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Consequences of War

  • Date Submitted: 12/22/2015 01:25 PM
  • Flesch-Kincaid Score: 59.7 
  • Words: 532
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Consequences of War
Some could say that war doesn't have consequences, but I would say otherwise. War can take a toll not just on the solider who fought, but for that soliders family, animals, the Earth and even the country in which he/she fought for. Glenna, Dao, and S.M Enzler state some fierce facts on how there are consequences of war.
Tinney Glenna , wrote "The Consequences of War: A Veterans Story." During her article,   she explains how war effected her as the daughter of a solider and as a Navy social worker. As well as, how it affected her father. Tinney Glenna's father did two tours during the Korean War. She explains that after her father returned he was not the same. He suffered from PTSD, depression, and even became an alcholic. She states, "Some of these veterans are becoming involved with the criminal justice system for a range of crimes, including drug offenses, driving under the influence, domestic violence, sexual assault, murder, etc." Therefore, is an example that there are consequences of war.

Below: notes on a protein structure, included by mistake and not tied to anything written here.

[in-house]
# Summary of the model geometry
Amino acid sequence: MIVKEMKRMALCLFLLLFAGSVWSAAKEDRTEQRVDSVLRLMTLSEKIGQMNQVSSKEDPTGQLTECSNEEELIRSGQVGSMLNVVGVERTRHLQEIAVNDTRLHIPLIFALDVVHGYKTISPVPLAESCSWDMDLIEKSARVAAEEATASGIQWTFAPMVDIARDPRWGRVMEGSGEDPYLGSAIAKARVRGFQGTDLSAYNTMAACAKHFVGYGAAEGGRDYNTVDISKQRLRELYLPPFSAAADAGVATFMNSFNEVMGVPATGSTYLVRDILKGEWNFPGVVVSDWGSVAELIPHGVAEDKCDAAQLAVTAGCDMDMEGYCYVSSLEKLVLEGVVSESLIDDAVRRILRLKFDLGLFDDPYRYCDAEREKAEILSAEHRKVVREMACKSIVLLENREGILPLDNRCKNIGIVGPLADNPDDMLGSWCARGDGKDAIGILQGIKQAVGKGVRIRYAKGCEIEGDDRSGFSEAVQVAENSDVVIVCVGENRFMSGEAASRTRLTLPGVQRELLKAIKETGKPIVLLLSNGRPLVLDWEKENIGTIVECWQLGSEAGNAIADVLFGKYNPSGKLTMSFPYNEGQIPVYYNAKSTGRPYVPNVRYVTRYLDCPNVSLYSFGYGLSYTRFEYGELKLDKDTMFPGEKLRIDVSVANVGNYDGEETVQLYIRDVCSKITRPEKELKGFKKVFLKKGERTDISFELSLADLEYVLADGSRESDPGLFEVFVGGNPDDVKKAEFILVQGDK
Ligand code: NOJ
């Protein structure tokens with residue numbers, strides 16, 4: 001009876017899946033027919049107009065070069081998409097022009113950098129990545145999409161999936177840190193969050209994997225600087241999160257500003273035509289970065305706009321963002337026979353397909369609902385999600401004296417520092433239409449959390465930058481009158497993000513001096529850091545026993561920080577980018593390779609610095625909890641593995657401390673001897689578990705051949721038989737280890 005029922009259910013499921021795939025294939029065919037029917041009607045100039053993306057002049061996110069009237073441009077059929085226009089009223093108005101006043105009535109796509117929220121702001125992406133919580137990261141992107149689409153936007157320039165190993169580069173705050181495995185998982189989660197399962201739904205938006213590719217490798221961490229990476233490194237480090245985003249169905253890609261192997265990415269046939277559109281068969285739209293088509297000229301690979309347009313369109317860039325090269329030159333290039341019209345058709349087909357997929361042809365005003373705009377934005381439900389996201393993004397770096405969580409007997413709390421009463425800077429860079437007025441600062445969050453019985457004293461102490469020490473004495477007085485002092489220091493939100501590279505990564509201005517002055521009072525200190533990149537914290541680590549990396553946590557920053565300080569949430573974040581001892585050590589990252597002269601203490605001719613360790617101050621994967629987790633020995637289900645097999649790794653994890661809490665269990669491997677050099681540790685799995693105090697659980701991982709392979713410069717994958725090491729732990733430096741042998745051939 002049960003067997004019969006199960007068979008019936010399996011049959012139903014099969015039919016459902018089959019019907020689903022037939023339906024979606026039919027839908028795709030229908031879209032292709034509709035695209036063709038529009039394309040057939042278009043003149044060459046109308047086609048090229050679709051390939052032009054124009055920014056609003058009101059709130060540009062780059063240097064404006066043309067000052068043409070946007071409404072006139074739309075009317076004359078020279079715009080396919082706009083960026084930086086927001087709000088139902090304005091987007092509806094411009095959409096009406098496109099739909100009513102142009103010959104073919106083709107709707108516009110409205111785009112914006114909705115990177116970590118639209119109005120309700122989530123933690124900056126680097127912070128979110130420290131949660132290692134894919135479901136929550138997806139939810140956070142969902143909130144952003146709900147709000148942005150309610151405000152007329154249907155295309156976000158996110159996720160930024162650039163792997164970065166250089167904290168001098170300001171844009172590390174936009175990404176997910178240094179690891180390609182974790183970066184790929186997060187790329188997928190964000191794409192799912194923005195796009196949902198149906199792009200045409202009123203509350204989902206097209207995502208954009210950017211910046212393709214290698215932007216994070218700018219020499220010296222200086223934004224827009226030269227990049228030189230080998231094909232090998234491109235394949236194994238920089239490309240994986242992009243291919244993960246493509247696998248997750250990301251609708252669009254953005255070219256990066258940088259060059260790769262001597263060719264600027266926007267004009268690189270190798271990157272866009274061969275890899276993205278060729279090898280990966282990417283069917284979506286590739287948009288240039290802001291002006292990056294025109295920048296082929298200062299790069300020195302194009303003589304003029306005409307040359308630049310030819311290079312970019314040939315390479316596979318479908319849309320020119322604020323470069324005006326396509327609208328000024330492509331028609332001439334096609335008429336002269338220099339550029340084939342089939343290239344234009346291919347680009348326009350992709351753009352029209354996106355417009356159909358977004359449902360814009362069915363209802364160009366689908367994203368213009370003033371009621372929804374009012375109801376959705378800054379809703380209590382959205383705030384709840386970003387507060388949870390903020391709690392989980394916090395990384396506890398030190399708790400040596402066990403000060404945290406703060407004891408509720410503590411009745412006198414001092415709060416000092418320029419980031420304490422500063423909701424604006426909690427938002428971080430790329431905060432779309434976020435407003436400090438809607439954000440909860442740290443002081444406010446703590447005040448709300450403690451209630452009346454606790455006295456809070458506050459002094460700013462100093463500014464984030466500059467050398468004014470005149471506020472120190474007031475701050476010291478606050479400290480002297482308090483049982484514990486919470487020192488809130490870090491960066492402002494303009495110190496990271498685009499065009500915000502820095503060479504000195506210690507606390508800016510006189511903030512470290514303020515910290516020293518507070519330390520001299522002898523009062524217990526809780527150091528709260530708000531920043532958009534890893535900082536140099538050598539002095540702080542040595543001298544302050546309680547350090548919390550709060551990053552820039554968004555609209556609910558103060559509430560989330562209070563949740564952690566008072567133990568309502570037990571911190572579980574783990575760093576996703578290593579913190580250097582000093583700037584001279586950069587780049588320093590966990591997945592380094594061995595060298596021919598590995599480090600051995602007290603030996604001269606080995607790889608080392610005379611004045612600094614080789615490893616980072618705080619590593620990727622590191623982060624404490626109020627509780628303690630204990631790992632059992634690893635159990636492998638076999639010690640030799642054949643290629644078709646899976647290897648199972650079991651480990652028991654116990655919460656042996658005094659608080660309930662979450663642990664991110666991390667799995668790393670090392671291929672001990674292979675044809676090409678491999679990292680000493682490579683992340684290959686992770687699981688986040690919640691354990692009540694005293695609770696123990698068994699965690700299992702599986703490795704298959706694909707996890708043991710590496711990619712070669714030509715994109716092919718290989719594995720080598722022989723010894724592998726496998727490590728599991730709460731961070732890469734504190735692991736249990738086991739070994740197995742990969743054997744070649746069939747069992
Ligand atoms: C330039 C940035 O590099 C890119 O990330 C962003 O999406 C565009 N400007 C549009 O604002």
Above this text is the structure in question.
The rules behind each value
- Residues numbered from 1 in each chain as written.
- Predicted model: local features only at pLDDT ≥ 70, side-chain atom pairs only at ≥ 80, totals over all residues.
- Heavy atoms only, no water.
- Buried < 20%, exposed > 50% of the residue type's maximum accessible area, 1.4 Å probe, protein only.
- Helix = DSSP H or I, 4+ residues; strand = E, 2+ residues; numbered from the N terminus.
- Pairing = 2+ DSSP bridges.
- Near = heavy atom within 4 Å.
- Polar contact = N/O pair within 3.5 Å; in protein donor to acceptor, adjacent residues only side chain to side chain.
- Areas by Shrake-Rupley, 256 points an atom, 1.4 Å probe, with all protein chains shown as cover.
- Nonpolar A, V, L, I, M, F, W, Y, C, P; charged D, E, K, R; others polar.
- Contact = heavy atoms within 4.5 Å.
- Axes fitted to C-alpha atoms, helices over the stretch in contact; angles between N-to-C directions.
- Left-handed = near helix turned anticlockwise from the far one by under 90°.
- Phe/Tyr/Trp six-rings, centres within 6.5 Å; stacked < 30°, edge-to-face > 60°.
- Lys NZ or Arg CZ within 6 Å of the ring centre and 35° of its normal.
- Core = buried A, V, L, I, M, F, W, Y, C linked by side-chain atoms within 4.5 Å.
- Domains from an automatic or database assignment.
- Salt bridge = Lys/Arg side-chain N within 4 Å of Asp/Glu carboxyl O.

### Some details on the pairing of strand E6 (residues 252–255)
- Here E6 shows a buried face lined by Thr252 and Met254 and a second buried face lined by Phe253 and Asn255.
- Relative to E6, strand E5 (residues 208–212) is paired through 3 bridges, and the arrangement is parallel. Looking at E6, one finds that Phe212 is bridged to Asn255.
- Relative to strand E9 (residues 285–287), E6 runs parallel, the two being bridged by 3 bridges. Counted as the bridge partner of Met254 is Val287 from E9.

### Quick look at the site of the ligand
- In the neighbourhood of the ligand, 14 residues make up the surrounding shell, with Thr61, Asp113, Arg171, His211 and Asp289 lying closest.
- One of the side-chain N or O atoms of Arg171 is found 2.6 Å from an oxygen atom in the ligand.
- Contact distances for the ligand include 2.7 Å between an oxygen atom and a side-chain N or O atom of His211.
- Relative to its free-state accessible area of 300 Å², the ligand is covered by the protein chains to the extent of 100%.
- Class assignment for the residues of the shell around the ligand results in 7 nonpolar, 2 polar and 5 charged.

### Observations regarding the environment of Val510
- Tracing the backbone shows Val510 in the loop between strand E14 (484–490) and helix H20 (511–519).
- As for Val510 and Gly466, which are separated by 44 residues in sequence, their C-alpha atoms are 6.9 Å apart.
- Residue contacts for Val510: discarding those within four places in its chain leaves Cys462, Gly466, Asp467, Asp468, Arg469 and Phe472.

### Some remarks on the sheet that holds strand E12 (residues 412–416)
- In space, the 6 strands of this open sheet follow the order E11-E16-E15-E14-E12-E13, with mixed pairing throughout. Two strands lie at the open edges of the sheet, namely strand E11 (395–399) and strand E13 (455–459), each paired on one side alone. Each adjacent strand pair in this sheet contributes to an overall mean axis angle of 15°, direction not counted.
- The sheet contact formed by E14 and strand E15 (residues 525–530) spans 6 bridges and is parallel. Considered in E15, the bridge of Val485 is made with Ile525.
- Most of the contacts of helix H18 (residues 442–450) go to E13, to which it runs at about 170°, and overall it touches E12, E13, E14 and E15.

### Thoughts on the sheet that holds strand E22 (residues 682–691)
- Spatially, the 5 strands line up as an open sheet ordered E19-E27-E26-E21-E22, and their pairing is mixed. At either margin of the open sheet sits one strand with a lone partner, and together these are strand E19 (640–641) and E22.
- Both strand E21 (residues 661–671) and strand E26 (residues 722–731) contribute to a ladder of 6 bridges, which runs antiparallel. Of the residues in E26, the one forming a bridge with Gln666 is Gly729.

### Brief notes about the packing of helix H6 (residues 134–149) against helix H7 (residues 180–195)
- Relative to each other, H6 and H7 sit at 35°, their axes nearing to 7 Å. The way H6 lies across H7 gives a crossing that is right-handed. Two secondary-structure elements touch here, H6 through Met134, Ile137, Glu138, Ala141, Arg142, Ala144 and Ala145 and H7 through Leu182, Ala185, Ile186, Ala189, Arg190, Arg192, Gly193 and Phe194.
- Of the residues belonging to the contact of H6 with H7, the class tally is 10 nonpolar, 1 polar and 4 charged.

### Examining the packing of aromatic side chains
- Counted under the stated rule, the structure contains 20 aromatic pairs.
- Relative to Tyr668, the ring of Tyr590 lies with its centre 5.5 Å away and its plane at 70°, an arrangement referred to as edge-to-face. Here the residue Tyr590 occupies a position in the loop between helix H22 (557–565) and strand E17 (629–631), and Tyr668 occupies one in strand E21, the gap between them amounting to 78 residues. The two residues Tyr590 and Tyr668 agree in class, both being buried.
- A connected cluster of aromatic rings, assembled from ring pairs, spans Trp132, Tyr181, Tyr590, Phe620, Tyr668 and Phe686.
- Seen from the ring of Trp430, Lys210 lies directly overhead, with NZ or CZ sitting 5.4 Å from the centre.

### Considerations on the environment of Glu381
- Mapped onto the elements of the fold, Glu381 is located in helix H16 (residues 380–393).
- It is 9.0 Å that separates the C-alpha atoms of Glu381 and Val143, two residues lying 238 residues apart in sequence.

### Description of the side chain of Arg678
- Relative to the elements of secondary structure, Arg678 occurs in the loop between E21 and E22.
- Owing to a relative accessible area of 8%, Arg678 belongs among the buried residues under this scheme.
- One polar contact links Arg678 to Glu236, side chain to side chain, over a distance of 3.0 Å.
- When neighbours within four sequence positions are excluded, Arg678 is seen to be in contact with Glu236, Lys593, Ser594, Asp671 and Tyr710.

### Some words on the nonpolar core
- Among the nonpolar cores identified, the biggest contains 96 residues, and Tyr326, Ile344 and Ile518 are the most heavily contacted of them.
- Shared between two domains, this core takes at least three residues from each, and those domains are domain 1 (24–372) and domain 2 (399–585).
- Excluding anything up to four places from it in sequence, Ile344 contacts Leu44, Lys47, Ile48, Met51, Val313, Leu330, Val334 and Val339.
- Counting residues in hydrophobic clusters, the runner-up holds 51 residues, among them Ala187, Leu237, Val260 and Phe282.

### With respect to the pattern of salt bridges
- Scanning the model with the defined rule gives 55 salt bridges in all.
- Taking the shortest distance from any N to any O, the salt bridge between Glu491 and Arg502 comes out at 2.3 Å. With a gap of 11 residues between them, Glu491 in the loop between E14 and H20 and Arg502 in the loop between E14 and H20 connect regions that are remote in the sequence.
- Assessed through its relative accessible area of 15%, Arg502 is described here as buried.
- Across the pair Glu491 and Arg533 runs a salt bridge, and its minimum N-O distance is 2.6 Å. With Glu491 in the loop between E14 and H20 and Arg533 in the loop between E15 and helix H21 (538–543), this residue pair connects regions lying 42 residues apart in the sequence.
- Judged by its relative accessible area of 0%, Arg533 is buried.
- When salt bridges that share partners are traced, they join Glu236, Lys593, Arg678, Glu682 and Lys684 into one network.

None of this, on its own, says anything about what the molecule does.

The consequences of war do not just effect humans. War also effects animals. James Dao wrote, " Dogs of war, suffering like soliders." In this article Dao states from his research, "By some estimates, more than 5 percent of the approximately 650 military dogs deployed by U.S. combat forces are coming down with canine PTSD." "Of those, about half are likely to be retired from service, Burghardt said." He also stated, "The number of working dogs on active duty has risen to 2,700, from 1,800 in 2001, and the training school headquartered at Lackland has gotten busy, preparing about 500 dogs a year."   He goes on to say; "Like humans with the analogous disorder, different dogs show different symptoms. " "Some become hypervigilant, others avoid buildings/work areas that they had previously been comfortable in. " "Some undergo sharp changes in temperament, becoming unusually aggressive with their handlers, or clingy and timid." "Most crucially, many stop...

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